LONDON: The government plans to snatch junk food, chocolates and crisps from 8 million school children. According to an announcement yesterday, the School Meals Advisory Panel is going to revise national school curriculum with the inclusion of cookery classes for boys and girls between 11 and 14. It will also ban junk food and sugary fizzy pop type drinks from school and canteen vending machines.
Under the enforced “healthy eating” plan, reconstituted meats will be replaced with at least two portions of fresh fruit and vegetables daily; oily fish will also become a regular 3-weekly feature; fried food will be limited to two dishes a week. And pupils will be barred from leaving the school gate; which means pupils have no choice but to eat what the school canteen provides.
The panel said it aimed to instill the concept of ‘healthy eating’ among pupils by phasing out all old unhealthy meal menus and eating habits. This may prove more difficult than is imagined. A separate study by the Foods Standards Agency showed that half of all students chose burgers and chips whereas barely 2 percent chose fruits.
Knowing that children are not going to welcome the food changes, the panel plans to implement the changes gradually – over the next two years for primary schools and until 2009 for secondary schools. By that time stringent nutrient-based standards will be in place at all schools across the UK. These will feature a total of 23 standards of which 14 will regulate the proportion of nutrients that children must get and the remaining nine will require children to get at least one portion of fruit and one of vegetables or salad every day. Pupils will have access to “unrestricted” quantities of bread and free, fresh, chilled drinking water.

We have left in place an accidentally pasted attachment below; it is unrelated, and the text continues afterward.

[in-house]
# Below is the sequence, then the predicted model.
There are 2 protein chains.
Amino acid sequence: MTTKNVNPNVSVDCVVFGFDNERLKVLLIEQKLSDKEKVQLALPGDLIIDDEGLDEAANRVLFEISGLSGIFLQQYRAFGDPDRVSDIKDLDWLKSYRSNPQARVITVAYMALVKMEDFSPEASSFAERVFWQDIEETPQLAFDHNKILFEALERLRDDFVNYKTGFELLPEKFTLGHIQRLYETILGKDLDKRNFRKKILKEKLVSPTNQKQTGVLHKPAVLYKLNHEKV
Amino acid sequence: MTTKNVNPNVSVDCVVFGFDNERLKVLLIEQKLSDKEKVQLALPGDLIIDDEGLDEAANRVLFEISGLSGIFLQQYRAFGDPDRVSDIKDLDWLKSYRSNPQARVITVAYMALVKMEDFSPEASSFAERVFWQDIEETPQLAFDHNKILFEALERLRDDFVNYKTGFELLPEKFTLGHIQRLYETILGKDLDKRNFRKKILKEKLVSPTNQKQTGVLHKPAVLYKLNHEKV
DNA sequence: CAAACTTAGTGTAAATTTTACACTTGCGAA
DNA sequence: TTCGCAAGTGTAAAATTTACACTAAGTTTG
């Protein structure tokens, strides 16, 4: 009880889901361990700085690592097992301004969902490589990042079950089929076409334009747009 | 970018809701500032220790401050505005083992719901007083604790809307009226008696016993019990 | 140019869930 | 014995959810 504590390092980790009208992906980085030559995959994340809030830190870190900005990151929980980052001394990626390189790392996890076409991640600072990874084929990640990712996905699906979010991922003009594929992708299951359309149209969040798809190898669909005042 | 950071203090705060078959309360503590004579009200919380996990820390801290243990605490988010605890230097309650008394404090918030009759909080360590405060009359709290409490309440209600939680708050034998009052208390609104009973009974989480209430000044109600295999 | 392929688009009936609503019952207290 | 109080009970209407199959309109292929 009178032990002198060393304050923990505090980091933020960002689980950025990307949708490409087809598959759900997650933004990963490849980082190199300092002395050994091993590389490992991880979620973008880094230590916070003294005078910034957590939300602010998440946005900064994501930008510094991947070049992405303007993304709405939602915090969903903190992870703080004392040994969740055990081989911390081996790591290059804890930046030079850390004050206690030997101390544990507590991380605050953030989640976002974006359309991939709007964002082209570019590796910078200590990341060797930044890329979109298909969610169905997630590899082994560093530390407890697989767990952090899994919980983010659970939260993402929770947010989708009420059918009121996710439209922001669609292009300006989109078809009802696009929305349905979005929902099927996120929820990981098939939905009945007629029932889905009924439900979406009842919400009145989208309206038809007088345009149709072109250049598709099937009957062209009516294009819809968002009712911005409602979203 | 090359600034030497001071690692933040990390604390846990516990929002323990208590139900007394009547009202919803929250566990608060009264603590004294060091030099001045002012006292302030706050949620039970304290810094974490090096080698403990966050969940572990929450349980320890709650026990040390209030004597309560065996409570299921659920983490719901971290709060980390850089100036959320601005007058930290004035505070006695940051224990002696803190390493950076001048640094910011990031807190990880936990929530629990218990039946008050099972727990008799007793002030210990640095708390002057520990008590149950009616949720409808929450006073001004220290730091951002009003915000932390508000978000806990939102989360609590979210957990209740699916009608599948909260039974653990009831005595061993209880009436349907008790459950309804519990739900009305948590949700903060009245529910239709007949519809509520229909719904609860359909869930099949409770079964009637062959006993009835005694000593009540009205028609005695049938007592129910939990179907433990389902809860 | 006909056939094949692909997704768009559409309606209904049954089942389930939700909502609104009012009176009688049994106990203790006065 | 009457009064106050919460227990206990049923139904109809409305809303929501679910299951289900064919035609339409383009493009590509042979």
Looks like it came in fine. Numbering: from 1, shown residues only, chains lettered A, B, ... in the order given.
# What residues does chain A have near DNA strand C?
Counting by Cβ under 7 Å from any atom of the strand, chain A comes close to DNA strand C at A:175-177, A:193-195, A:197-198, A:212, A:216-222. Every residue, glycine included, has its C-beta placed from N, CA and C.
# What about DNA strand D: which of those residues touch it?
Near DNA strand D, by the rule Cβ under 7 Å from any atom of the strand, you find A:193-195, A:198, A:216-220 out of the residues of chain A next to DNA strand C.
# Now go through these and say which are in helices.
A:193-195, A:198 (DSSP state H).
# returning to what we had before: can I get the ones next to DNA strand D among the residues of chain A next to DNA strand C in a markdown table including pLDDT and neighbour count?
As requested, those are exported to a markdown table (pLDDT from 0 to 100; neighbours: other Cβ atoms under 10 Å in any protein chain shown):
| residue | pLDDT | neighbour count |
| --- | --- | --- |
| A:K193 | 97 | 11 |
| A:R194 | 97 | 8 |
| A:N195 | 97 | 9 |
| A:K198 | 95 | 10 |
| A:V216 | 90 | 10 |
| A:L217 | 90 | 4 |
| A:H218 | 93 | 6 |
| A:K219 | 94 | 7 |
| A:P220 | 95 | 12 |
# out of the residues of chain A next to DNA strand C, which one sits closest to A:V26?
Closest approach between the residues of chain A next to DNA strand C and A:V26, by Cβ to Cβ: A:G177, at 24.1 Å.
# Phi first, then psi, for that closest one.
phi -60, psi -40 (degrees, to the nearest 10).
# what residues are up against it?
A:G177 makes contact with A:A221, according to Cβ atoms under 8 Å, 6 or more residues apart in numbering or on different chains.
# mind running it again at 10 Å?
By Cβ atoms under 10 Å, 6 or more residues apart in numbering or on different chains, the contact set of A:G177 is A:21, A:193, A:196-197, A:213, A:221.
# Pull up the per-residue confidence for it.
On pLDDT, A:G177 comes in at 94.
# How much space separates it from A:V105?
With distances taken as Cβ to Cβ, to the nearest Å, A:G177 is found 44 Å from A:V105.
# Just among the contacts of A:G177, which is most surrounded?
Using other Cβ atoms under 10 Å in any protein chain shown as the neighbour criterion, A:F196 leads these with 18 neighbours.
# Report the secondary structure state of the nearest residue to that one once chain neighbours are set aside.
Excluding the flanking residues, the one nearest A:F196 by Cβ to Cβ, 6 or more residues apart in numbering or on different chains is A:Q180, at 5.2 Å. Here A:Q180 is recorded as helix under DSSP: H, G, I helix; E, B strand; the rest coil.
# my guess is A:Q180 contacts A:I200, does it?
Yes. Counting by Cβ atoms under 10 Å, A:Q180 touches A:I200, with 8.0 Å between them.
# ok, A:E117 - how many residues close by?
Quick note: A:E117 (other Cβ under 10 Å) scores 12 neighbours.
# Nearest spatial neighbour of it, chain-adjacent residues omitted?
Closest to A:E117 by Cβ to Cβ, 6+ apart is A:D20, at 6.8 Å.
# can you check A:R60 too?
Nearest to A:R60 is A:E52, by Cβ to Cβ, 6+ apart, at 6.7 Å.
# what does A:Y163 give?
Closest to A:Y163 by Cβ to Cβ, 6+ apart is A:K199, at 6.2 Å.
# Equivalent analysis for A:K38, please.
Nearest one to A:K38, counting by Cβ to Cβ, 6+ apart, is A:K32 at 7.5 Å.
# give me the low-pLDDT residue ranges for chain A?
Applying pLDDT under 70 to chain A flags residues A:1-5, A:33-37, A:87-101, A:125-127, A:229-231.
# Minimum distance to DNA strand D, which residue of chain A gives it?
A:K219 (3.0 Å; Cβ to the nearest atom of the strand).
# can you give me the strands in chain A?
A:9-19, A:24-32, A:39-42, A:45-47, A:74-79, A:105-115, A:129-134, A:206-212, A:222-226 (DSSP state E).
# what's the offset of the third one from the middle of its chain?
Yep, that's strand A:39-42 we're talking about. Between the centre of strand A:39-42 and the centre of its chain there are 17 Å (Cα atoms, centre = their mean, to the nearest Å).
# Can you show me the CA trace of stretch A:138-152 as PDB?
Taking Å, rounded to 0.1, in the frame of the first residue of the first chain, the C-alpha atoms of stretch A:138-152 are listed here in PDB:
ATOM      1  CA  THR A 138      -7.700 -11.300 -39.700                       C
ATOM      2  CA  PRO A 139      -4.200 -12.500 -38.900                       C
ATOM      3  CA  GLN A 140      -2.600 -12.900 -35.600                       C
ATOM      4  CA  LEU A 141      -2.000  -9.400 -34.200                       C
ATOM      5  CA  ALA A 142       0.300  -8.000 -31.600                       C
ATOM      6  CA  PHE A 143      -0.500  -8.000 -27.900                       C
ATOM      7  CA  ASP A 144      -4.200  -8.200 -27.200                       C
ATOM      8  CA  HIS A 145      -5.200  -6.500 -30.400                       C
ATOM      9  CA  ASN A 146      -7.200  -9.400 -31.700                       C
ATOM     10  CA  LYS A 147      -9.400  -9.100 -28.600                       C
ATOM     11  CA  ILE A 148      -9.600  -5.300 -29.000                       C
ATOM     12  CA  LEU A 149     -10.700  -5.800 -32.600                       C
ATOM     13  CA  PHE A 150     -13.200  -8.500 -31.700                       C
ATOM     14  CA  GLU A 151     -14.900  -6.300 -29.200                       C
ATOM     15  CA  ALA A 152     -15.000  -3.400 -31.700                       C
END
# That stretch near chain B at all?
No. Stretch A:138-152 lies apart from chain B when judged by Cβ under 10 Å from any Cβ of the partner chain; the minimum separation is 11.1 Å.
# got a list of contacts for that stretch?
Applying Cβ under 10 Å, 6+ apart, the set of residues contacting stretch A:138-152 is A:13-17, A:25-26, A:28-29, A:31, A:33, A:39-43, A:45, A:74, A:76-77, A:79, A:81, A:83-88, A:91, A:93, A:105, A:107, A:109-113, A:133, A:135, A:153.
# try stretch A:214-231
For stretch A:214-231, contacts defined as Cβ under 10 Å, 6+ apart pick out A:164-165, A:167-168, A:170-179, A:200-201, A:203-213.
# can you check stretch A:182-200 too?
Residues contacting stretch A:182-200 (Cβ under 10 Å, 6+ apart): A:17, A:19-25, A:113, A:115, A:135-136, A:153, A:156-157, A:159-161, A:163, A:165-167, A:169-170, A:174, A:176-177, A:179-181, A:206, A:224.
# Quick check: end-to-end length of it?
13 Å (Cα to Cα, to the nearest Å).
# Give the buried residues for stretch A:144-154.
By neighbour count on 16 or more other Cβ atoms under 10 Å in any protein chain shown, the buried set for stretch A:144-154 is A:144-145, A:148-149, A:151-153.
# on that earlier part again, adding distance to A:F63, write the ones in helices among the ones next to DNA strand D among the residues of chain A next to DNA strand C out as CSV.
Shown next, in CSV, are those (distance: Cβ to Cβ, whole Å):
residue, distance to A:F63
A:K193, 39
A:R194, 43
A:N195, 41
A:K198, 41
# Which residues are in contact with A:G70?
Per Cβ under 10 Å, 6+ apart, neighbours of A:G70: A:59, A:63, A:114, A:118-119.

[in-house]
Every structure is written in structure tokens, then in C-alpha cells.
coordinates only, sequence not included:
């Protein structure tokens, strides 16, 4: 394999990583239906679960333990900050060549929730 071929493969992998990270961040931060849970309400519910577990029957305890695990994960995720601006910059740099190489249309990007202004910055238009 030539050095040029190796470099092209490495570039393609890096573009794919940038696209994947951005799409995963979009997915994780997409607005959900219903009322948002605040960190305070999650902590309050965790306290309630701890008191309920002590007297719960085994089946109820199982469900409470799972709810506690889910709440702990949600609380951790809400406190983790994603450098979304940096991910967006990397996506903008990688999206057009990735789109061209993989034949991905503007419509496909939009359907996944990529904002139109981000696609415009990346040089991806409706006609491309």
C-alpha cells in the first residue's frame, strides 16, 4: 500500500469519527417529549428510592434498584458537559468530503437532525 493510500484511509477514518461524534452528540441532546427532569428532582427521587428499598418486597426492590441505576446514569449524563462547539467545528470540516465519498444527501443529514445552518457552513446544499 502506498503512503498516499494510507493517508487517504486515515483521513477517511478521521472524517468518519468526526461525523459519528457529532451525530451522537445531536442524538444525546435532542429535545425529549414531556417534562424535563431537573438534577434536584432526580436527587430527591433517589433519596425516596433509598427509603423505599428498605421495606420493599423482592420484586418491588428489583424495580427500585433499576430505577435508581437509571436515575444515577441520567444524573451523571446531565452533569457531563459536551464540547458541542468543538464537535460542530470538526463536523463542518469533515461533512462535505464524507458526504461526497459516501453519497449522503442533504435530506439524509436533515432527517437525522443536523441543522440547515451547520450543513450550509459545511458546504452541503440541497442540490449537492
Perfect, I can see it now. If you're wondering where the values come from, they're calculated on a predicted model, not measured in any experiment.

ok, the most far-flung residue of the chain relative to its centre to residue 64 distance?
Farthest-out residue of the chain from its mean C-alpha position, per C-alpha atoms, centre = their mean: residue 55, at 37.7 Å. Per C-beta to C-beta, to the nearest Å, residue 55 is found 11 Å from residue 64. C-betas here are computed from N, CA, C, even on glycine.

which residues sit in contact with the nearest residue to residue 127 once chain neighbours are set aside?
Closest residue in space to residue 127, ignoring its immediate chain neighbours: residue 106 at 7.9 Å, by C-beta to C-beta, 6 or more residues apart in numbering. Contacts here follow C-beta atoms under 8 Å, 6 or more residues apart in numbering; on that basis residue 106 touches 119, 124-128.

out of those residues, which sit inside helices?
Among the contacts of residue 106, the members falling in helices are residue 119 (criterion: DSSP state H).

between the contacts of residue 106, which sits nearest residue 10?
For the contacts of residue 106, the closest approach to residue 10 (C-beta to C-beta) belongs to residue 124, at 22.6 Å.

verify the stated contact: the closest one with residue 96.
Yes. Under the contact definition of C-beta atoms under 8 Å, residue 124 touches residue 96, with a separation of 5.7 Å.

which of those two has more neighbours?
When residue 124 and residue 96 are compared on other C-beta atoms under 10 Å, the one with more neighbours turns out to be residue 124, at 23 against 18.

Pupils would be made to understand what kind of food is good for them; they will also be taught practical cooking skills, especially how to prepare vegetables and other healthful dishes.
Education secretary Ruth Kelly supported the panel’s recommendations and said that even parents needed to be told what food is permitted in packed lunches. She also welcomed the suggestion that pupils be barred from leaving school grounds to buy fast food products.
The panel comprises teachers, public health organisations, caterers, unions, consumer groups and local authority representatives.
Until now pupils were required only to study food technology in design and technology classes. With the panel’s efforts a course in cooking is set to become a requisite of the new curriculum.
The panel pointed out that the government was expected to provide an additional Ł266 million to fund the programme for improving school meals. Ms Kelly had earlier allowed Ł220 million which would not be enough for the three year transition period to the new ‘healthy eating’ standards, the panel said.